In September 1977, Pol Pot encouraged the farming strata of people by comparing them to the empire of Angkor Wat;

Long ago we have Angkor. Angkor was built during the slaving era. Slaves like us built Angkor under the exploitation class so the royal people can live in happiness. If our people can built Angkor, they can do anything (Chandler, 1996, p.246).

All the culture and tradition; language, religion, clothing, food, etc, of ethnic minorities and even of Cambodian people were abolished, except the Khmer language was the only cultural item to be retained. Familyism was still seen among the top leaders of Democratic Kampuchea; relatives of the leaders were not to be evacuated or tortured (Chandler, 1993, p.210). All people were not allowed to have access to lawyers or judges at all, they were convicted by the Democratic Kampuchea’s soldiers only, though Chapter 7, Article 9 stated that “Justice is administered by people’s courts, representing and defending the people’s justice, defending the democratic rights and liberties of the people, and condemning any activities directed against the people’s State or violating the laws of the people’s State (Jennar, 1995, p.85). 

II. Ensuring Domestic Tranquility?

Philosopher Reinhold Niebuhr noted that “every community seeks consciously and unconsciously to make social peace and order the first goal of its life” and he also added that “for the simple reason that chaos means nonexistence” (McKenna, 1998, 9). As stated above, because men are innately self-important, government is the compulsory institution to cater domestic tranquility. Madison wrote that since men were no angels, we require some kind of armed umpire to keep us from harming one another (McKenna, 1998, 9). Professor George McKenna proclaimed that coercion is the available source of the government to stabilize the state (McKenna, 1998, 7), and no one can hold this source besides the government, which is comprised of people. What about the Democratic Kampuchea, had them done such an obligation? 

In May 1975, a spokesman of Democratic Kampuchea publicly proclaimed, “more than two thousands year of Cambodian history has end. A little hostile glance into the politics of Democratic Kampuchea, one (especially one living outside Cambodia) may think that Democratic Kampuchea did provide stability to the people, because for nearly the whole of its reign, there were no serious internal and external upheavals. This stability was caused by removing all the human rights and even the natural rights of the Cambodian people only. Such a compressed stability is not called “genuine stability”, because the government’s deployment of force to attain. For Plato, to attain the stability of the whole state, each individual must have stability in the soul as well (Forsyth & Soper, 1988, p. 24). Imagine, how could you sleep if you didn’t have enough food? How would you feel if you were convicted guilty without having a chance to protest back? 

III. Providing for The Common Defense?

Government is an aggregate of similar ideology, so that such an organization is formed to service the people. James Madison claimed that because man is different from angel; endless ambition, man is deem to be curiously argumentative. We can draw an equation from this that, government is supposed to have the same mentality; one government could invade another government for beneficial or malicious purpose.  

As April Seventeen arrived, government soldiers were told that the war had finished and all Khmer was to become brothers who should integrate to get Kampuchea Krom back from Vietnam. And one Special Centre Assembly for Cabinet Ministers and all zone/region secretary was held. In that special meeting, among the eight points stated by Pol Pot, seventh point; expel the entire Vietnamese minority population, and eighth point; sending soldiers to the border especially to the Khmer-Vietnamese border (Ben Kiernan, 1985, p.361-362). Ta Mok added that all place that has palm trees, is belonged to Khmer. Democratic Kampuchea constitution, Chapter I, Article 1 which stated that “The State of Kampuchea is an independent, unified, peaceful, neutral, non-aligned, sovereign, and democratic State enjoying territorial integrity (Jennar, 1995, p.83)” also devote to defense Khmer territory and Khmer people against foreign invasion in any form. However, do these all mean Democratic Kampuchea did response to the third obligation, thus worth called “a responsible government”?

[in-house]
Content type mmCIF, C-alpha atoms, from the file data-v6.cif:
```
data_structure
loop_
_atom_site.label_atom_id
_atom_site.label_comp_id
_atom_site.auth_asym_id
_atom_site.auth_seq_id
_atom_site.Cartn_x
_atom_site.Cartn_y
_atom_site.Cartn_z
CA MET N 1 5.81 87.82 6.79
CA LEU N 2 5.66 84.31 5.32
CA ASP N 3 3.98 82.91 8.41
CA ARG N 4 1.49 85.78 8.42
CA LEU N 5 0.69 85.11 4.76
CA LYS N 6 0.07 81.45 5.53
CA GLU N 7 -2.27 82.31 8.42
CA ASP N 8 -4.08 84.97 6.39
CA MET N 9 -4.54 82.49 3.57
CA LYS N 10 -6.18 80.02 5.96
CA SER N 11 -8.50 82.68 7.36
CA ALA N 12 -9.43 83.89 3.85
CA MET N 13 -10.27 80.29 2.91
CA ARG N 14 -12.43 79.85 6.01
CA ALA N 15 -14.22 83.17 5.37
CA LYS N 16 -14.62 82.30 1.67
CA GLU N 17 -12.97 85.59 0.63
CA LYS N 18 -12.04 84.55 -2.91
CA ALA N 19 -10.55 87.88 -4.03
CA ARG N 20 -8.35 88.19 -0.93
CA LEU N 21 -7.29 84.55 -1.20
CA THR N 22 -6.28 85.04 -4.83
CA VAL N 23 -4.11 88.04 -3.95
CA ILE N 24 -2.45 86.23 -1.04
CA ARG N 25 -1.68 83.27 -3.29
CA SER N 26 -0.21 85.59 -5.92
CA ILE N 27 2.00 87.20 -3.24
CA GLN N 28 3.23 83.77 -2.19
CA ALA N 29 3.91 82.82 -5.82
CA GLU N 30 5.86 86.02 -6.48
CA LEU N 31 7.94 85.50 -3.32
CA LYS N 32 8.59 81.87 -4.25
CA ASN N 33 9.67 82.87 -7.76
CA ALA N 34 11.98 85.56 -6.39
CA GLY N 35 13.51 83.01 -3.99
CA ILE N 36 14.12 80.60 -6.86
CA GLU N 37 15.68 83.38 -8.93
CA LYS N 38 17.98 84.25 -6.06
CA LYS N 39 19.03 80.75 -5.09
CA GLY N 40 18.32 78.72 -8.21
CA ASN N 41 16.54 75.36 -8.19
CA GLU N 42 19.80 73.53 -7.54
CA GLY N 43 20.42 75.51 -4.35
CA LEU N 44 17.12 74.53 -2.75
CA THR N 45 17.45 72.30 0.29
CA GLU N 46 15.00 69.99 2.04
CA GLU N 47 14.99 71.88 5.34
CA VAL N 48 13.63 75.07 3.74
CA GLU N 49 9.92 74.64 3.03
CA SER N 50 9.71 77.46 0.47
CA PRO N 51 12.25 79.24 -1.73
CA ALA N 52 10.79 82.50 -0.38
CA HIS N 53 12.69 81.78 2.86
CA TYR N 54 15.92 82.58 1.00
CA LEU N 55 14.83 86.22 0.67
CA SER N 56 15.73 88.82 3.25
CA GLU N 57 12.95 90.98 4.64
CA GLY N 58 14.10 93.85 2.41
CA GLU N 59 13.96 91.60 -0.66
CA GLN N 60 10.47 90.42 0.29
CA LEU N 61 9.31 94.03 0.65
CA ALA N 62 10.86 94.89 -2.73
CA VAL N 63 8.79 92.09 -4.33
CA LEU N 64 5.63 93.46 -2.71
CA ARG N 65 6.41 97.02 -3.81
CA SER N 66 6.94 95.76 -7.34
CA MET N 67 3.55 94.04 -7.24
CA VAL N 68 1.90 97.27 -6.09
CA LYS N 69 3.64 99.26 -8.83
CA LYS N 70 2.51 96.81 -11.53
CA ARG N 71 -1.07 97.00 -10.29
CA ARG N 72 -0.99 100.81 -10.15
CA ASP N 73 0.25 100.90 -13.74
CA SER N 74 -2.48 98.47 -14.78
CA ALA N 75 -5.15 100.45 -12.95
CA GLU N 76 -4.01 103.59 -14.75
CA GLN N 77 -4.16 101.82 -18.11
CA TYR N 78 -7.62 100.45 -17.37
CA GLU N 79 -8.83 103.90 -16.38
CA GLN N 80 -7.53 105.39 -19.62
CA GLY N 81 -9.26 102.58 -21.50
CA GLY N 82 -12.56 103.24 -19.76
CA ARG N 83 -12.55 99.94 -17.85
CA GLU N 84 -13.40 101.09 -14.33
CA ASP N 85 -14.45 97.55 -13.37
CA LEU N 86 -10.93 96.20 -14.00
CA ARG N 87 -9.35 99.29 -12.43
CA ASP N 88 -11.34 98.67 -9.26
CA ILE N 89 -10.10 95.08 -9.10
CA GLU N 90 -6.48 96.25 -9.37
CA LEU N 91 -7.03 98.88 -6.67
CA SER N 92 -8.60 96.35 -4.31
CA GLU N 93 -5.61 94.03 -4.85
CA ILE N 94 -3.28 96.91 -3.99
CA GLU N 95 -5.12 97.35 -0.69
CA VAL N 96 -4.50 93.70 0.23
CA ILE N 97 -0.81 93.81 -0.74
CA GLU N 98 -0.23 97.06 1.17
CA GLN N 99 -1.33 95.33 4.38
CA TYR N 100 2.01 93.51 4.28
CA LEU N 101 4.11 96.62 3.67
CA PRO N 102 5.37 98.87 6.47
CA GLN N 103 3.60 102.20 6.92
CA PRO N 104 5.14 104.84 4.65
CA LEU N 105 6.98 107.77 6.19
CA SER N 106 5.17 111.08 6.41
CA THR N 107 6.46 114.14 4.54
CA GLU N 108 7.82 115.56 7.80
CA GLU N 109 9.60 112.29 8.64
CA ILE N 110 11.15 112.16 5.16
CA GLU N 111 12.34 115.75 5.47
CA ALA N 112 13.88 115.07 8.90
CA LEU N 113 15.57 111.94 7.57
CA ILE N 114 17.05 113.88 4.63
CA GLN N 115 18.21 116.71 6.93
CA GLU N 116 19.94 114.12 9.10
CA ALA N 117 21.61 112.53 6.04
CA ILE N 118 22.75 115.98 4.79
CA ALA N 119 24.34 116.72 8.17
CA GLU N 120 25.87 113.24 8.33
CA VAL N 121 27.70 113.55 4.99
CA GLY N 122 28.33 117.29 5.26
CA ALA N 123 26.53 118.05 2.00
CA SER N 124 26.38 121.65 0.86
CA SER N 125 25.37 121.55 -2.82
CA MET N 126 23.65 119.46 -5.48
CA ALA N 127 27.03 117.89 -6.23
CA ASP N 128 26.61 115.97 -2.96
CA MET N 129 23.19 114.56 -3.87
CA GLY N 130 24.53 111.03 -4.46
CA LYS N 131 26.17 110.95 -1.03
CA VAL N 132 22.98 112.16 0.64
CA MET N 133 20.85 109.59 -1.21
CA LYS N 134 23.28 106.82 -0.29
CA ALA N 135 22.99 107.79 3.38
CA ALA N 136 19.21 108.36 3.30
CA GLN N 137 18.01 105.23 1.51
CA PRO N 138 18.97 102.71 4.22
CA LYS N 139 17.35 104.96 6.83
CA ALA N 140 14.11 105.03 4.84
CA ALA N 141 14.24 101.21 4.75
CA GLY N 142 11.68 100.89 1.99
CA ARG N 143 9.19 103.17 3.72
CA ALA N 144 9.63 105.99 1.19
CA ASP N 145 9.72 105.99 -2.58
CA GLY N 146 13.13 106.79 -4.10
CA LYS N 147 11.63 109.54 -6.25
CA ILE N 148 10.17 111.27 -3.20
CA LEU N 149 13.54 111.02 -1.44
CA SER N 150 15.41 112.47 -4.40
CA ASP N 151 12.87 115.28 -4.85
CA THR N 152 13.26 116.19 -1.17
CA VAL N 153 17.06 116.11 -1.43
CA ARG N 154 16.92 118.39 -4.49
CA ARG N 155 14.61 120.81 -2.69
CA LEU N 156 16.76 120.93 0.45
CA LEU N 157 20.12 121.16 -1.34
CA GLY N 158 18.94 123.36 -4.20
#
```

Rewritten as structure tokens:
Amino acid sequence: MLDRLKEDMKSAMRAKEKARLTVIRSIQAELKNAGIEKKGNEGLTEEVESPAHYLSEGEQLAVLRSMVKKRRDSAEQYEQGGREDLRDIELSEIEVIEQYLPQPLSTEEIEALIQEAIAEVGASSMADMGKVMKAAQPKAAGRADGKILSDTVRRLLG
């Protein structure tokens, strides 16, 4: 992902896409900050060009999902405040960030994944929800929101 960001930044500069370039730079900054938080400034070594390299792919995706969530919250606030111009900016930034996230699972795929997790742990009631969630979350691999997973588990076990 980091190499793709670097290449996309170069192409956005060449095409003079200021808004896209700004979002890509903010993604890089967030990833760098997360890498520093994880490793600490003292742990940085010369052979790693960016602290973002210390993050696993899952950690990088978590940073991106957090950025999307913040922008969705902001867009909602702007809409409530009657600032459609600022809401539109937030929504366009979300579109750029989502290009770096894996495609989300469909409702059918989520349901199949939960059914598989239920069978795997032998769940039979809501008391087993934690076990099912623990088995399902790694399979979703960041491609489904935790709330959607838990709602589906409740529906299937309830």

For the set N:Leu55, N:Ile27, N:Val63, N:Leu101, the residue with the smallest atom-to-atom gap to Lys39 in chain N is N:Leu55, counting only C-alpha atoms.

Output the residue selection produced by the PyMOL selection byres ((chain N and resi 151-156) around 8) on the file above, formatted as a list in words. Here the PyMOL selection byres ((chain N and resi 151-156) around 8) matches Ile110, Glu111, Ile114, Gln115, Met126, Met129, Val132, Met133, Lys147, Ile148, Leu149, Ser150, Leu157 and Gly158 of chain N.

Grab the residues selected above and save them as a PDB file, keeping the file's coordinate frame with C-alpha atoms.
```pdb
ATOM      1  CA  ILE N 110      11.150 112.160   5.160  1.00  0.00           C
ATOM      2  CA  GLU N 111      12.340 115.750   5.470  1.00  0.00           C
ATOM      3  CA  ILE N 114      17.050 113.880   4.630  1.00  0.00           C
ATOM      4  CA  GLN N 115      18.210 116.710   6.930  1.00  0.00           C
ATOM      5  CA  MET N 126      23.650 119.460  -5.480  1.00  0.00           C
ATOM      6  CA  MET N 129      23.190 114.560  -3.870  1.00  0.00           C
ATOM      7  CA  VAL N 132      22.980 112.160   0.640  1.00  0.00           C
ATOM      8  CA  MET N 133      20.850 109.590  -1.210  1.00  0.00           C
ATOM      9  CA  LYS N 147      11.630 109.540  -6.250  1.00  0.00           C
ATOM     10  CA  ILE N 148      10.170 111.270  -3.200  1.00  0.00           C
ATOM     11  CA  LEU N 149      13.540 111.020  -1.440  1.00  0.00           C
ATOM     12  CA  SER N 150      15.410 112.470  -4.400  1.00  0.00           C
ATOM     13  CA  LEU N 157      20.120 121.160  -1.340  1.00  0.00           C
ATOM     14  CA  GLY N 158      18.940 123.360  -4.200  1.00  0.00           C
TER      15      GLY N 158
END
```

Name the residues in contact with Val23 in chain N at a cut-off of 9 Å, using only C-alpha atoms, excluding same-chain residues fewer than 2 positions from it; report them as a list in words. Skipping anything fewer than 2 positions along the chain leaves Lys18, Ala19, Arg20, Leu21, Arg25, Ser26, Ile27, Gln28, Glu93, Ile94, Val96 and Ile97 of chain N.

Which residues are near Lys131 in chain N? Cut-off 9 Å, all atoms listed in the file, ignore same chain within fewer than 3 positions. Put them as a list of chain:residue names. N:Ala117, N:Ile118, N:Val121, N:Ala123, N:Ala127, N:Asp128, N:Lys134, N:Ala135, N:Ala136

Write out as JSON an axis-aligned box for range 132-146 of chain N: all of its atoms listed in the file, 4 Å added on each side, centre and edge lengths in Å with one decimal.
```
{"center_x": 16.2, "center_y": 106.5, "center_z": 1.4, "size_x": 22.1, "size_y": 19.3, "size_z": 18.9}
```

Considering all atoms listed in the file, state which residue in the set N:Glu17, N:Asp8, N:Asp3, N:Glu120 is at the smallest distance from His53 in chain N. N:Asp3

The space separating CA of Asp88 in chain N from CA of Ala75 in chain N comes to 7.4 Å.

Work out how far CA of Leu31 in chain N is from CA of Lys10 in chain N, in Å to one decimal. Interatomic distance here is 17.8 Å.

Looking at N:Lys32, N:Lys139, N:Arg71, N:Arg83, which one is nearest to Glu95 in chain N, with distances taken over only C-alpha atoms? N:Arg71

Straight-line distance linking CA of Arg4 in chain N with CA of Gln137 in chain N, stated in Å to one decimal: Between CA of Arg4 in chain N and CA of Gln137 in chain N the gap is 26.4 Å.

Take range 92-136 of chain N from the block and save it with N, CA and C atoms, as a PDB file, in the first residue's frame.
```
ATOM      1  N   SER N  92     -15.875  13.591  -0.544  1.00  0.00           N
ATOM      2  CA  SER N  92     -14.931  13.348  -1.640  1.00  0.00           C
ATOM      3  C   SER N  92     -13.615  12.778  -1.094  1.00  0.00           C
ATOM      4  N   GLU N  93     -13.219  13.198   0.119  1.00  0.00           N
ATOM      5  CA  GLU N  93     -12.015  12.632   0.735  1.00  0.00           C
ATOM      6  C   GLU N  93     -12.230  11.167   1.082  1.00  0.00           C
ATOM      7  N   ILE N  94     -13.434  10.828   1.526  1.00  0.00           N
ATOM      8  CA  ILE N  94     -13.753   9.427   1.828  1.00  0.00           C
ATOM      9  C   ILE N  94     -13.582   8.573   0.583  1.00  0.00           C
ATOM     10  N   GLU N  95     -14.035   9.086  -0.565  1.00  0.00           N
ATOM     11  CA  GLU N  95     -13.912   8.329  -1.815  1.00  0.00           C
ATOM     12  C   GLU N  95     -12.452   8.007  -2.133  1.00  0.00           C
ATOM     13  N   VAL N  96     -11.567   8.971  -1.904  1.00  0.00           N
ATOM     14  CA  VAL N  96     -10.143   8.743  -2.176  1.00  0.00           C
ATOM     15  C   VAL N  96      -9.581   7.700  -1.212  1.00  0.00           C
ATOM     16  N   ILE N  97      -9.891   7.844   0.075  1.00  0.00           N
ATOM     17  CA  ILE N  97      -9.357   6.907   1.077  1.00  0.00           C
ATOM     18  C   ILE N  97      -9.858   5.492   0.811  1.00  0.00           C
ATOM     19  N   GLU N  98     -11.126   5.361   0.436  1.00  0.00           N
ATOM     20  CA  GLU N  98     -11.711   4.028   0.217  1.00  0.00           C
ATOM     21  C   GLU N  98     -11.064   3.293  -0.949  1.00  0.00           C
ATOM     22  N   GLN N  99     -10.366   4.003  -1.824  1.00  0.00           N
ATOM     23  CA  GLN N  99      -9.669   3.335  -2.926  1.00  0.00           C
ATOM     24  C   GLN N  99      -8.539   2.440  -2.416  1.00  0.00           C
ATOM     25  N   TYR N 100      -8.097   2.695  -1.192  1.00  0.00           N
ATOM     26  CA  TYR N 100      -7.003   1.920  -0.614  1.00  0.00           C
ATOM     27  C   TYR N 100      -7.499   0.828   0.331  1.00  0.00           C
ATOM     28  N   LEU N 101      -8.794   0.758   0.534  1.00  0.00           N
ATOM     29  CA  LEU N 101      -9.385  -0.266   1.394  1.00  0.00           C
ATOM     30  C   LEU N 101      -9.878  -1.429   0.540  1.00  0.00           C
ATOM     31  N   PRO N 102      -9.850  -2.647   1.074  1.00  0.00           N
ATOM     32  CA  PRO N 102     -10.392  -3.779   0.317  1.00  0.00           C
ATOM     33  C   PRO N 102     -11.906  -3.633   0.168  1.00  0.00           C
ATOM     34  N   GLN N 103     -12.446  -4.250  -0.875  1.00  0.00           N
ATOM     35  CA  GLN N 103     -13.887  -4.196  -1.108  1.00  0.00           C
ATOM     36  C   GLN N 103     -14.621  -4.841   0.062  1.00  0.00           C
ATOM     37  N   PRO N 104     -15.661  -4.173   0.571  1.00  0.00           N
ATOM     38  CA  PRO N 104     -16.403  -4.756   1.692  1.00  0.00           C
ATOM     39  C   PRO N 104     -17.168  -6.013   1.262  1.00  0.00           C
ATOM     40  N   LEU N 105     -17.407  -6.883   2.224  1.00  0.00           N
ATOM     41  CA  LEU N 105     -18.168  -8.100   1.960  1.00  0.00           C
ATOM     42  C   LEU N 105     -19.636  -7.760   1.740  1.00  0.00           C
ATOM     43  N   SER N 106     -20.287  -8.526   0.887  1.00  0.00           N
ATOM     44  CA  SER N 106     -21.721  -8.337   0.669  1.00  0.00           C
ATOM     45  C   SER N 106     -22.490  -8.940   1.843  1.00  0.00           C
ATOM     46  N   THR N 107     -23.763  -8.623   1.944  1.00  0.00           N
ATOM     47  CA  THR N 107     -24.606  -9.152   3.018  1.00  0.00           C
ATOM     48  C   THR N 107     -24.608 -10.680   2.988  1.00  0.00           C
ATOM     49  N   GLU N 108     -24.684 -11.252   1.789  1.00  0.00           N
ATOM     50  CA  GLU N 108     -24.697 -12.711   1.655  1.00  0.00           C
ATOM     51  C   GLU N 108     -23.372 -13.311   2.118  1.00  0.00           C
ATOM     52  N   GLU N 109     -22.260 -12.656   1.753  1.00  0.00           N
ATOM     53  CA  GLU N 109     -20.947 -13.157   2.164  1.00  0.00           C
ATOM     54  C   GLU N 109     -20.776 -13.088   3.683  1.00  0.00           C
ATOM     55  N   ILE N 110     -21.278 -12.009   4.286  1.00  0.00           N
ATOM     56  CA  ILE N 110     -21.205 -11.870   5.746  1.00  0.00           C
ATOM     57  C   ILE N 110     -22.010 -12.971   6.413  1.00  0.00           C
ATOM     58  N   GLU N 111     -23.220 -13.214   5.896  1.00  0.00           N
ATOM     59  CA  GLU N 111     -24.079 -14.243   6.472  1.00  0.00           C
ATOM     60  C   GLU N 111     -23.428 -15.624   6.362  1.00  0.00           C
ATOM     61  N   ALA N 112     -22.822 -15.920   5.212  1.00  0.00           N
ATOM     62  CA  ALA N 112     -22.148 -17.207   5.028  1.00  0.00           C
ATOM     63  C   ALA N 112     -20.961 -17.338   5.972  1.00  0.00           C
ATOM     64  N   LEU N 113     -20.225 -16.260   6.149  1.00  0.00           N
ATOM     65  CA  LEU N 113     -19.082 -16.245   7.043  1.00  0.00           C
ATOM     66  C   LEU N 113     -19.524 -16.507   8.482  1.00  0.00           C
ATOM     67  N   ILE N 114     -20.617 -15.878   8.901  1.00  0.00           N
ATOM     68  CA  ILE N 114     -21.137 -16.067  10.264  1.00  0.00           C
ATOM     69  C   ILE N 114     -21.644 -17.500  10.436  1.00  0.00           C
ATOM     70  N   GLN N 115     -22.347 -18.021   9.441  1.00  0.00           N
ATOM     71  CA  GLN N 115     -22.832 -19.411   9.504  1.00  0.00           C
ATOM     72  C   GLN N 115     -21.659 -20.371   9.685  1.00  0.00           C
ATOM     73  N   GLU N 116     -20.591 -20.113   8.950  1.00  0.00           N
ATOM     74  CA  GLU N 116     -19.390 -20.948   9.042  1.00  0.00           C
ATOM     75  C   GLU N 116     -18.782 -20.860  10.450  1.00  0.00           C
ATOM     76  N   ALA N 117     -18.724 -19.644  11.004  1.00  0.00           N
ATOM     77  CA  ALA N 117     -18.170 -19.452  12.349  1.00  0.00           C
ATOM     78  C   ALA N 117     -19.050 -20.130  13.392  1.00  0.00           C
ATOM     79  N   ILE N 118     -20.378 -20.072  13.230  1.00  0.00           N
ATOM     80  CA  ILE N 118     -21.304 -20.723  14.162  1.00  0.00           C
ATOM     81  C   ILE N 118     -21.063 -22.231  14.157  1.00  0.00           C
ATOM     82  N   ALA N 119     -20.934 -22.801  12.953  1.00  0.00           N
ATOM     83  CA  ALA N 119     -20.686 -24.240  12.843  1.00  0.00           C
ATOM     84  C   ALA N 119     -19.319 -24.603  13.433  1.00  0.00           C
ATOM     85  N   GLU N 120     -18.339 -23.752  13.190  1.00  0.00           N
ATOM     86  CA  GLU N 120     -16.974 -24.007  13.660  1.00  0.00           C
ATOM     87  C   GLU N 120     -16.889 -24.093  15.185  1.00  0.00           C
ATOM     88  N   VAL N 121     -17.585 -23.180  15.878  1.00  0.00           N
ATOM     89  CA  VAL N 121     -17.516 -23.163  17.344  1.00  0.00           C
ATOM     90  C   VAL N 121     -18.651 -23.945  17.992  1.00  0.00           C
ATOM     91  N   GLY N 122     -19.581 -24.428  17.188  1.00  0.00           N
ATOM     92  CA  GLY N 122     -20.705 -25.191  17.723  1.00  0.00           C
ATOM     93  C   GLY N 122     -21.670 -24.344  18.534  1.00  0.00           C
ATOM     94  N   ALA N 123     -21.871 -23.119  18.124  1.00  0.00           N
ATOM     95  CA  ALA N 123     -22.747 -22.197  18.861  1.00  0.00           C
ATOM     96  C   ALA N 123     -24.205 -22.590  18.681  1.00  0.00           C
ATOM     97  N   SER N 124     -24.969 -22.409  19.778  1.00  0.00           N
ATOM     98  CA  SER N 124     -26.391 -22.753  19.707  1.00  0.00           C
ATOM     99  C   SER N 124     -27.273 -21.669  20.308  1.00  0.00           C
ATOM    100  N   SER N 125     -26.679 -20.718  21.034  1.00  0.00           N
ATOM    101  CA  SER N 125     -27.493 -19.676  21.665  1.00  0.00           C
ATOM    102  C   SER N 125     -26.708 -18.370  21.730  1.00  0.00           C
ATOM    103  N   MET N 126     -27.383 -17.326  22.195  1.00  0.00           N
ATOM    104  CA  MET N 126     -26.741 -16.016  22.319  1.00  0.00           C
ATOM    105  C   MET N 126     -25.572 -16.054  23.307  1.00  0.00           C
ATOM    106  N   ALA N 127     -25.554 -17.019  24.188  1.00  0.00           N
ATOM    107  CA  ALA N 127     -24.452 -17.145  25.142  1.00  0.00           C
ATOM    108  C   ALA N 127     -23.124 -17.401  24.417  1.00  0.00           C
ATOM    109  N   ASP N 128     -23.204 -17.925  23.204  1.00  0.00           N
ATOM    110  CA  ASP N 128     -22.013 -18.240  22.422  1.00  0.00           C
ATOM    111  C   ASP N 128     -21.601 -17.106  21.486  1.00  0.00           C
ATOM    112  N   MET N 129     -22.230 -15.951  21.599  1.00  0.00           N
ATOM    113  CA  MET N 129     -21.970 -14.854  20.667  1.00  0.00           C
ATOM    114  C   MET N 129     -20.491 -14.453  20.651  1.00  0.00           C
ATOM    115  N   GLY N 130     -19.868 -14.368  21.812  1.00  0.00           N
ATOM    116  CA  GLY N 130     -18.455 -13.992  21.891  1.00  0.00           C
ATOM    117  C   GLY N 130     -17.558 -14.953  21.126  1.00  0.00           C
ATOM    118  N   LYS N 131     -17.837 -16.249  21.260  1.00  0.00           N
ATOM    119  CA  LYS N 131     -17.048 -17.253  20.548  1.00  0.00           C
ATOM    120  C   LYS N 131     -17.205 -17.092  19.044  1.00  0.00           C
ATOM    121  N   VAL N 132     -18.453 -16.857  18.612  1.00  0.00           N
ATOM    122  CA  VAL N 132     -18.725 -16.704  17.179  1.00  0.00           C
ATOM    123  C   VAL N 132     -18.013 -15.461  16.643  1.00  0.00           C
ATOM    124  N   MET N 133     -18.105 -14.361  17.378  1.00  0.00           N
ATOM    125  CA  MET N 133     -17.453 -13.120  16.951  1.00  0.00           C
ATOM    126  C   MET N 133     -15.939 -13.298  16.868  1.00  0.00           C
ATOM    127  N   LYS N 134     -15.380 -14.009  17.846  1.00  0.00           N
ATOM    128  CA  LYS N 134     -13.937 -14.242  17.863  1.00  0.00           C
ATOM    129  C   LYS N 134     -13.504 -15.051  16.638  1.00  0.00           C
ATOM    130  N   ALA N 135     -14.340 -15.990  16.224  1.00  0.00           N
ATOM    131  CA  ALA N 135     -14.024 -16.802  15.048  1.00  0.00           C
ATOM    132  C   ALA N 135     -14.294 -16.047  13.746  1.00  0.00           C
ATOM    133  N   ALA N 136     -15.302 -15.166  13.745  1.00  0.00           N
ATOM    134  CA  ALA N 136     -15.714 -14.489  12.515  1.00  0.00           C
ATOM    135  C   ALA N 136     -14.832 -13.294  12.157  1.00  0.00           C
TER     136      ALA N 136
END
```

If not under any form of foreign pressure, many has come up with a rhetoric why people were forced to bury their heads into giant collective farms, in order to attain the yielding policy of the revolutionary organization? And how was the annual farming yield vanished?  

Democratic Kampuchea was deemed to have a lot of similarities to the Cultural Revolution of Mao Zedong in between 1966-1976. Those similarities were seen in that Mao Zedong forced all the Chinese schools to be closed, and after months, he encouraged the Red Guards to abolish all the traditional values and bourgeois things, in order to test the party’s followers by criticizing them. The commanders ordered their subordinates and soldiers to take control schools, factories and government agencies. Step by step, this revolution moved to become stricter and stricter. Many elderly people were not only mentally attacked but also physically (cultural revolution, internet, p.1-2). Other resemblances were seen in turning all the private property into state ownership and the great leap forward approach. Ben Kiernan wrote about Chinese financial aids to Democratic Kampuchea that; in September 13, 1975 diplomatic source in Beijing claimed that China increased un-aligned financial/military aids to Cambodia up to one billion USD and twenty millions USD as rewards. This was thought as the most impressive aids of China ever been given to any country (Chandler, 1991, p.260). David P. Chandler added that; most farmers, happy or unhappy, were owed to their creditor, China (Chandler, 1991, p.239). Many new people saw the point that they had to work to feed themselves and to increase the agrarian productivities. Such a stance was diminished after the 1975’s output was seen to deliver to far-away unloaded destination by government trucks. In fact, the government delivered thousand of tones of rice to China to pay the debts. The 1976’s finished rice was to be deliver as well, but due to excessive demands from the government, starvation became widespread (Chandler, 1991, p. 239).